In a controversial move, the Mayawati government in Uttar Pradesh on Friday decided to start recruitment for setting up a police force to guard parks and memorials for Dalit icons without waiting for Governor B L Joshi’s nod for a bill and an ordinance for the same purpose.

“The need for a trained force for the security of these memorials and parks was felt by the government and the state cabinet today decided to recruit ex servicemen to raise a battalion of some 1200 personnel for providing security to nine parks, memorials and museums in Lucknow and NOIDA”, Cabinet Secretary Shahshank Shekhar Singh said here.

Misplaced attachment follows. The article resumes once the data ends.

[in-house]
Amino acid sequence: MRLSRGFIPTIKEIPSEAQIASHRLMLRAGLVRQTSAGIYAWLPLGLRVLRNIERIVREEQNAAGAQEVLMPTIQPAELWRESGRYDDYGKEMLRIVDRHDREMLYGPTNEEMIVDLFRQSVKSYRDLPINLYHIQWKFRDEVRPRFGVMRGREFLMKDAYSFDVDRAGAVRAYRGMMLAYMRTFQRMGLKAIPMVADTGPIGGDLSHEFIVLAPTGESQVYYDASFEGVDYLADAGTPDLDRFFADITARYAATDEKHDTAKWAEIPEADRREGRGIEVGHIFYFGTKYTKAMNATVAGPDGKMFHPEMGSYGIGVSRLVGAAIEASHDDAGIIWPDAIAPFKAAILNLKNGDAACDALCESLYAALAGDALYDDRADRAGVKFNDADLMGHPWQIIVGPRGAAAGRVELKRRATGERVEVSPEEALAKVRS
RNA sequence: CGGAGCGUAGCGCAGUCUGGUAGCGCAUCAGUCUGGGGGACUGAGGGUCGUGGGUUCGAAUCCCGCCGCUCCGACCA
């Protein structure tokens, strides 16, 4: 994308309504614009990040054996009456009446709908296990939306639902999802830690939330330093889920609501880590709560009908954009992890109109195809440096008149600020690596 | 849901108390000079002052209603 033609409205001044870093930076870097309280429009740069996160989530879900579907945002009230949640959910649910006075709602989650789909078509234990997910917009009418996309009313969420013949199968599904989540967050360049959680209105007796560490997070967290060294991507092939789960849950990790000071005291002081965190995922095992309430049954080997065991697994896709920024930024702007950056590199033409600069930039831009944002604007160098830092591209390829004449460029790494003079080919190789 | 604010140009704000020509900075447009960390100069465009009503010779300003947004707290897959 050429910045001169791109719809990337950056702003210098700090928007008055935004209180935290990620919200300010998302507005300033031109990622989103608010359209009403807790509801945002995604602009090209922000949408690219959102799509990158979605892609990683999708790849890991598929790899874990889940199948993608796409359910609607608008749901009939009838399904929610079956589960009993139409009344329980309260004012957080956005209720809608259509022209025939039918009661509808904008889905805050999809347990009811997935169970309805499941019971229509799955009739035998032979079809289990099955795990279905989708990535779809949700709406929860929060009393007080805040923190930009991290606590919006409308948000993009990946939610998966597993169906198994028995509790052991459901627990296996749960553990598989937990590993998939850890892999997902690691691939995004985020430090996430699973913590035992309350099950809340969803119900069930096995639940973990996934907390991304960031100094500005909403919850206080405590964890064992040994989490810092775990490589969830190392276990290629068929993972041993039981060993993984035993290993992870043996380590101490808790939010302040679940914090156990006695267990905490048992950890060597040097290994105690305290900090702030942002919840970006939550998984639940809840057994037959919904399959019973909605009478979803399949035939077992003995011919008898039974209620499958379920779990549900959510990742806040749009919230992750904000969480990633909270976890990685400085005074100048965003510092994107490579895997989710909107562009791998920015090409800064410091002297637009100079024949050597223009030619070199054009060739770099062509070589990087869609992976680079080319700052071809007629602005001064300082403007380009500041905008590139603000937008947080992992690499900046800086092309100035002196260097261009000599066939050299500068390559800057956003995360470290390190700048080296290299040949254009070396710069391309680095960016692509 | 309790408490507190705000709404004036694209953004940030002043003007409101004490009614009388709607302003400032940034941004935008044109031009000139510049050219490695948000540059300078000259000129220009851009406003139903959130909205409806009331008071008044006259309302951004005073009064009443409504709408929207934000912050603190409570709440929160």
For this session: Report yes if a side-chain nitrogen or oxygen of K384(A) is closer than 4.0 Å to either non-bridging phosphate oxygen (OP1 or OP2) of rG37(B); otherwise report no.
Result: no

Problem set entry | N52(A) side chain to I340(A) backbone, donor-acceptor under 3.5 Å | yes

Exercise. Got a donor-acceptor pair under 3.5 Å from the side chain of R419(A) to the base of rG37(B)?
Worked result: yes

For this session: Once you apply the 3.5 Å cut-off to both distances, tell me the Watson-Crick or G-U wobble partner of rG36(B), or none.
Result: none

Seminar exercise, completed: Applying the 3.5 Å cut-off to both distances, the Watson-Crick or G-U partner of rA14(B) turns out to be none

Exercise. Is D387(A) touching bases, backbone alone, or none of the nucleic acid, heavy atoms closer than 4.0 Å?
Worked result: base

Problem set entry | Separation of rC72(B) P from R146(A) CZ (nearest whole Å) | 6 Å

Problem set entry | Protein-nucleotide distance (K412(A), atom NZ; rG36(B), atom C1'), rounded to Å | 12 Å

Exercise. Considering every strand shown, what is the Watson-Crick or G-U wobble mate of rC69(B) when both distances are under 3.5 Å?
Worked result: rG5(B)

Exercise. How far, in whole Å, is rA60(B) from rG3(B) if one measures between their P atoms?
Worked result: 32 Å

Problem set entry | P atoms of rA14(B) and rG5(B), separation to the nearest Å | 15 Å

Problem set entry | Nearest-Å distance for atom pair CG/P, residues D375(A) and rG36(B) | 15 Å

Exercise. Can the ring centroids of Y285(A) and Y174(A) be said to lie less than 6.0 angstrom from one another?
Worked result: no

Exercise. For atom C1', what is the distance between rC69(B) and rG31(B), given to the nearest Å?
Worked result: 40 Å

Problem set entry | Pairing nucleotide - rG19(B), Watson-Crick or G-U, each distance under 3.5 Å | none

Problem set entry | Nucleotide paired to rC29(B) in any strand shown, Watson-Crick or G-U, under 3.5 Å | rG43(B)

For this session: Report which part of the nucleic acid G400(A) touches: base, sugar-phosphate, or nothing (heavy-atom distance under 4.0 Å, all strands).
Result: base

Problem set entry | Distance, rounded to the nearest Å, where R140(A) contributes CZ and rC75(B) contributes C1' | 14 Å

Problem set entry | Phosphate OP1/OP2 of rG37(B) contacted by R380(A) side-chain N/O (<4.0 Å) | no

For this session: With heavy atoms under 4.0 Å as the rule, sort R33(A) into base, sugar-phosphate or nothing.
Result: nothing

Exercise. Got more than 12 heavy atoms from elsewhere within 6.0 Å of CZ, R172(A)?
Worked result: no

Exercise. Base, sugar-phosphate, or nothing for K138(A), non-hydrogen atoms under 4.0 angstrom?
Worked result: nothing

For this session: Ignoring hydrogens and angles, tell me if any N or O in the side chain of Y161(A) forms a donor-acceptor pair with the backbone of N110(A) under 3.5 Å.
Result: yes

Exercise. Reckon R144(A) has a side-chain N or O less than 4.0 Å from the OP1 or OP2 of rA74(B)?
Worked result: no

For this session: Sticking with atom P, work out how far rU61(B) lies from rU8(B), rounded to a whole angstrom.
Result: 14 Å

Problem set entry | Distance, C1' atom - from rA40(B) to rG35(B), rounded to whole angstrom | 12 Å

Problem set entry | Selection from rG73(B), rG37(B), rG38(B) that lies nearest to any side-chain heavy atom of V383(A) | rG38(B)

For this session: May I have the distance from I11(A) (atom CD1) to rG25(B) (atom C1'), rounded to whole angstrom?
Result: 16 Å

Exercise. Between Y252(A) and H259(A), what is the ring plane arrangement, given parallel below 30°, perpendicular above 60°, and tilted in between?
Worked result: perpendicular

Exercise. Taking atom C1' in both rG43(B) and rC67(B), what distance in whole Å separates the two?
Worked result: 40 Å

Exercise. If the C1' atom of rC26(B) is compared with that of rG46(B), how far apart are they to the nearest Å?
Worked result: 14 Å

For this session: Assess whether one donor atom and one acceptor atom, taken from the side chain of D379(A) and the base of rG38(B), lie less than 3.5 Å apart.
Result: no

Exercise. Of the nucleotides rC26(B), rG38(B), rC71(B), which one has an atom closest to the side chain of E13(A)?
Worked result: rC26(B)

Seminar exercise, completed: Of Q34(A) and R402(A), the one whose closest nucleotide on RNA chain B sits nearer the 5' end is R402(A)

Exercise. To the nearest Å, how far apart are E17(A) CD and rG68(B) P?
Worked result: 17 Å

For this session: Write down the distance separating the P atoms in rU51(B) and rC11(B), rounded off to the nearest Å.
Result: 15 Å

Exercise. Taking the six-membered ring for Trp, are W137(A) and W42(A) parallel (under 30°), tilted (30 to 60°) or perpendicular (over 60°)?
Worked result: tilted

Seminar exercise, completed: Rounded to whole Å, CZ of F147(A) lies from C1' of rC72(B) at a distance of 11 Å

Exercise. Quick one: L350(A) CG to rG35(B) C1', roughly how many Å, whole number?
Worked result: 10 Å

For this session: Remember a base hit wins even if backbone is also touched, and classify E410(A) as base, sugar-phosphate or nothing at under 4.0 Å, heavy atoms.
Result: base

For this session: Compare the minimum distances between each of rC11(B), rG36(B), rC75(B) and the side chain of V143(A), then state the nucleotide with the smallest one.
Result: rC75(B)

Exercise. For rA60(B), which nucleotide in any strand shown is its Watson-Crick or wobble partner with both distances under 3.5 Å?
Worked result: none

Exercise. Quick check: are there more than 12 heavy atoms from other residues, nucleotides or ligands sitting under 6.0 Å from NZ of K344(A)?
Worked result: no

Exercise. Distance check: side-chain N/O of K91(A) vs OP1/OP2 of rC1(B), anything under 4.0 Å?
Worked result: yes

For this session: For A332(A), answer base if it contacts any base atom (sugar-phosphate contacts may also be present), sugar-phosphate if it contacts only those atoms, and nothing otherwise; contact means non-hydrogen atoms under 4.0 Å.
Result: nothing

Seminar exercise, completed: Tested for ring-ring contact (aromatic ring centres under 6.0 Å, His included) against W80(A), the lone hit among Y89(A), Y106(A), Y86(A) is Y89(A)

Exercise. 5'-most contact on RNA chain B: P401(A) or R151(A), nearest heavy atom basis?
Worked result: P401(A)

I wonder if this elite force will be trained to keep pigeons and crows from crapping all over those statues?

The cookie cutter

Most cricketers, when they find themselves having to talk to journos and face press conferences, learn to master platitudes and banalities.

That is Amit Varma. Sid Vaidhyanathan in his letter to me the other day expressed similar sentiments. They are the rule, not the exception — any journalist who has covered cricket will tell you of the incredible boredom that is part of the ‘press conference’, and the difficulty of taking the most antiseptic utterances and crafting a story that won’t put you to sleep on the instant. [I gave up the struggle a long time ago — since 1998, I haven’t attended a single press conference, either by players or by the administration].

So why do even otherwise intelligent players speak in platitudes? Here’s why: